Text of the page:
JAMA. 1967;199(3):210-211. doi:10.1001/jama.1967.03120030114023.
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Every medical student learns that the odor of acetone on an unconscious patient's breath should cause a search for further evidence of diabetic coma. Now this gross clinical sign may be harnessed by modern technology, providing information to aid in diagnosis and in management of diabetes.

Investigators from Sweden1 report a rapid new technique whereby patients breathe directly into a gas chromatograph. Forty seconds later a measurement of alveolar acetone concentration is available. Since acetone moves from blood to alveolus by simple diffusion, the alveolar level of this substance reliably mirrors blood concentration. And clinicians have sought an accurate measure of blood acetone, considering it a useful guide to the management of diabetics.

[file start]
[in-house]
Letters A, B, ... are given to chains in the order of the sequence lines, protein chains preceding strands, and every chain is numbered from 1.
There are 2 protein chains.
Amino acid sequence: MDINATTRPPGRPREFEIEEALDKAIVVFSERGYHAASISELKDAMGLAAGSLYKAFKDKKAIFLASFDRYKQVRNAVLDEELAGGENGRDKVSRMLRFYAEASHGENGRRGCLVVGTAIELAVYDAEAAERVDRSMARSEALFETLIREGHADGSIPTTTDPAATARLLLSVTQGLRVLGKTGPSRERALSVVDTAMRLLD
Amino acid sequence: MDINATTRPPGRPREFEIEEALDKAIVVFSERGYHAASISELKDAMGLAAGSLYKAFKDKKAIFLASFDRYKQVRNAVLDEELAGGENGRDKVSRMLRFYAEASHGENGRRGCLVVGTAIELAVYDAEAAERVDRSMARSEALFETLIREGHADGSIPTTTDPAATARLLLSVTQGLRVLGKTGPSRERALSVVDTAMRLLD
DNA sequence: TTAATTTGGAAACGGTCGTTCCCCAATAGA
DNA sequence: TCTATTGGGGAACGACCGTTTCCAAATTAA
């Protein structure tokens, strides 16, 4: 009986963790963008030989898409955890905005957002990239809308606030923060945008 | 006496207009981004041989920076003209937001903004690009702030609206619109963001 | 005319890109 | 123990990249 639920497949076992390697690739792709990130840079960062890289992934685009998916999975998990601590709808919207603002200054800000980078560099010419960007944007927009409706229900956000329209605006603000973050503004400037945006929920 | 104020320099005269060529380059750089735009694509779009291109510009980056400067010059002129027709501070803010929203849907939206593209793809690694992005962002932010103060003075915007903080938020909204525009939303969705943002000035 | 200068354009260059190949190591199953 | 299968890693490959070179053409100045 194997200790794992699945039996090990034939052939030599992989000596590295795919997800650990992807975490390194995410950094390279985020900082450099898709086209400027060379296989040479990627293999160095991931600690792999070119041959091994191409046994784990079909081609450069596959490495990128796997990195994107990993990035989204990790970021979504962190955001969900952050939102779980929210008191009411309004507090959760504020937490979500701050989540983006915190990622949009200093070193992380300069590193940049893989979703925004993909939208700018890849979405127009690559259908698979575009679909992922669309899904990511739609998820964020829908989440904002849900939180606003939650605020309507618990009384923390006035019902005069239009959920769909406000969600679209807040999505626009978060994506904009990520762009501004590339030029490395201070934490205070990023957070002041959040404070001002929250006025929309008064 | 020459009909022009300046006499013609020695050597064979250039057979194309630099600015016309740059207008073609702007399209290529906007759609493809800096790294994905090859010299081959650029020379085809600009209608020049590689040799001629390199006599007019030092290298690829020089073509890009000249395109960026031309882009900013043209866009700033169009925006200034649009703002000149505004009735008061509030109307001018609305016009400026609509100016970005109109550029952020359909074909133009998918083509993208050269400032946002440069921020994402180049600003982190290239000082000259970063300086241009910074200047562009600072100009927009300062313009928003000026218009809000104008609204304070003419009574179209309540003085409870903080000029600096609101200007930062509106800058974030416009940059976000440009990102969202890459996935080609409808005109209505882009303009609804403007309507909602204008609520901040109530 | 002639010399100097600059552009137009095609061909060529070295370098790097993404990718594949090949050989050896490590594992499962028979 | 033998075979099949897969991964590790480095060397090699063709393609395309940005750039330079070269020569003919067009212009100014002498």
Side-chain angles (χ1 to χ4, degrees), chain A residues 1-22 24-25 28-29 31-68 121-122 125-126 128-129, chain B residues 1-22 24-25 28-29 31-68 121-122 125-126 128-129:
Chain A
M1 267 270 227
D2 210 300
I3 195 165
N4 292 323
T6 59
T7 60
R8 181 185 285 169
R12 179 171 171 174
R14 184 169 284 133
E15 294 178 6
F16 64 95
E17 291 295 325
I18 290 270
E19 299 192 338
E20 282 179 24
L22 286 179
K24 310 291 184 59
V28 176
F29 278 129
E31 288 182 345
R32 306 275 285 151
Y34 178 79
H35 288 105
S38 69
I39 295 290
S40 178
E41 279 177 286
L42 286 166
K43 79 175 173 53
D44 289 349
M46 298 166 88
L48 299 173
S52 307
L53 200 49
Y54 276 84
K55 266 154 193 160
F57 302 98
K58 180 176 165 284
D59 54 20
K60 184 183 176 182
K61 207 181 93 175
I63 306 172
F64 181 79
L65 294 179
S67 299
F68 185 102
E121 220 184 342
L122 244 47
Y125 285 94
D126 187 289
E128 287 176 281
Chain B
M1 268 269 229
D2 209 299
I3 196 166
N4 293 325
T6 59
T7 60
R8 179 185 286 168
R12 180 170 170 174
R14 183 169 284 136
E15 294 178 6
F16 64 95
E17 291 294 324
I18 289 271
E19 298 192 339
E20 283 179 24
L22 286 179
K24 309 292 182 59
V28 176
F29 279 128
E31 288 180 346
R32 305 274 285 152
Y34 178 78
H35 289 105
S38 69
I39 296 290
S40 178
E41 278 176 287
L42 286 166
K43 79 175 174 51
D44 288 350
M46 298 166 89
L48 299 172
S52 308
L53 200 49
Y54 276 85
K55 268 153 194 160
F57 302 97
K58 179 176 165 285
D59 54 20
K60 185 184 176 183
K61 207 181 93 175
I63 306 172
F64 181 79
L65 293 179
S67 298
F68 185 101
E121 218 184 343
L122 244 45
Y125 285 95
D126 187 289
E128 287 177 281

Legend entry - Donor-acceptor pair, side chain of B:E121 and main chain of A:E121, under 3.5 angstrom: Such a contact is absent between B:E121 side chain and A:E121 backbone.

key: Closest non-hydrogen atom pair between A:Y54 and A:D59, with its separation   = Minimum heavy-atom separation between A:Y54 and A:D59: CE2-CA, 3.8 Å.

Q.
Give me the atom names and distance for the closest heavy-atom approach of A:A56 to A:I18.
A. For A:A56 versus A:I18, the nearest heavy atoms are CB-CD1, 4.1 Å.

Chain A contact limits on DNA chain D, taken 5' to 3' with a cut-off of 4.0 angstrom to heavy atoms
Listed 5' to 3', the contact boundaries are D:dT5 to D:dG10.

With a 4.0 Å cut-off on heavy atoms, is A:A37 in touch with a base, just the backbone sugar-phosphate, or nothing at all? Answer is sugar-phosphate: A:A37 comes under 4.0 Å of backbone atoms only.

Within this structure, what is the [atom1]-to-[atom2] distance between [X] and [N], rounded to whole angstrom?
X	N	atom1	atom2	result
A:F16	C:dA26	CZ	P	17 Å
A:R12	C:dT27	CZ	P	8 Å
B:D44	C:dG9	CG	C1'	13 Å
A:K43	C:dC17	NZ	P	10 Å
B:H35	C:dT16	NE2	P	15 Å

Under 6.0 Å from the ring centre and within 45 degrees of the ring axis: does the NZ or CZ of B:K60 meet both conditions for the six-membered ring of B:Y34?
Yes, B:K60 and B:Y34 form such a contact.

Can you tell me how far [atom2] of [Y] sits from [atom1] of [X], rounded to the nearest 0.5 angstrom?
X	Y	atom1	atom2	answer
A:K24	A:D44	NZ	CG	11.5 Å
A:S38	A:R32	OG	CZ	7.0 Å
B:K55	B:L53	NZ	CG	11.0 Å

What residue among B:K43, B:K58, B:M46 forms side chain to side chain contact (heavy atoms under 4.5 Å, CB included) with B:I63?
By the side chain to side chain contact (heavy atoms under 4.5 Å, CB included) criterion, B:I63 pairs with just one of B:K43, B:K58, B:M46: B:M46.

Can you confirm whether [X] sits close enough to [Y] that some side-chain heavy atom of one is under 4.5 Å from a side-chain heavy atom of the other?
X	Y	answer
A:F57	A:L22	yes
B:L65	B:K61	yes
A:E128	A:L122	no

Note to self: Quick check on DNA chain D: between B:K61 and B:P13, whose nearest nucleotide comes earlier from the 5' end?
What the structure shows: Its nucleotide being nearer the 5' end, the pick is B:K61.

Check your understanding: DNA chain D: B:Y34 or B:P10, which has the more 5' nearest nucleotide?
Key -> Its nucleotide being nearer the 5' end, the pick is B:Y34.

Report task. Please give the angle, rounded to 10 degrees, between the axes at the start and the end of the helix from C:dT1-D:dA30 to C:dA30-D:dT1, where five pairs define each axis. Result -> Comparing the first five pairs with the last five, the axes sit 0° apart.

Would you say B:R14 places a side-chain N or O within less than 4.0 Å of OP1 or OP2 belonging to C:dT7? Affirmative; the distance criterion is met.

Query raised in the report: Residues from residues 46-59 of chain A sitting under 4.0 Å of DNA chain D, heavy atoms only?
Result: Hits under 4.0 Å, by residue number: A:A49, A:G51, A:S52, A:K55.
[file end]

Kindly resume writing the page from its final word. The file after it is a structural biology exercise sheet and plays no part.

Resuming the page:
In the patients reported, those with an adultonset type of diabetes showed approximately the same concentration of acetone as did a control group of nondiabetics; however, alveolar acetone levels rose with loss of control of the


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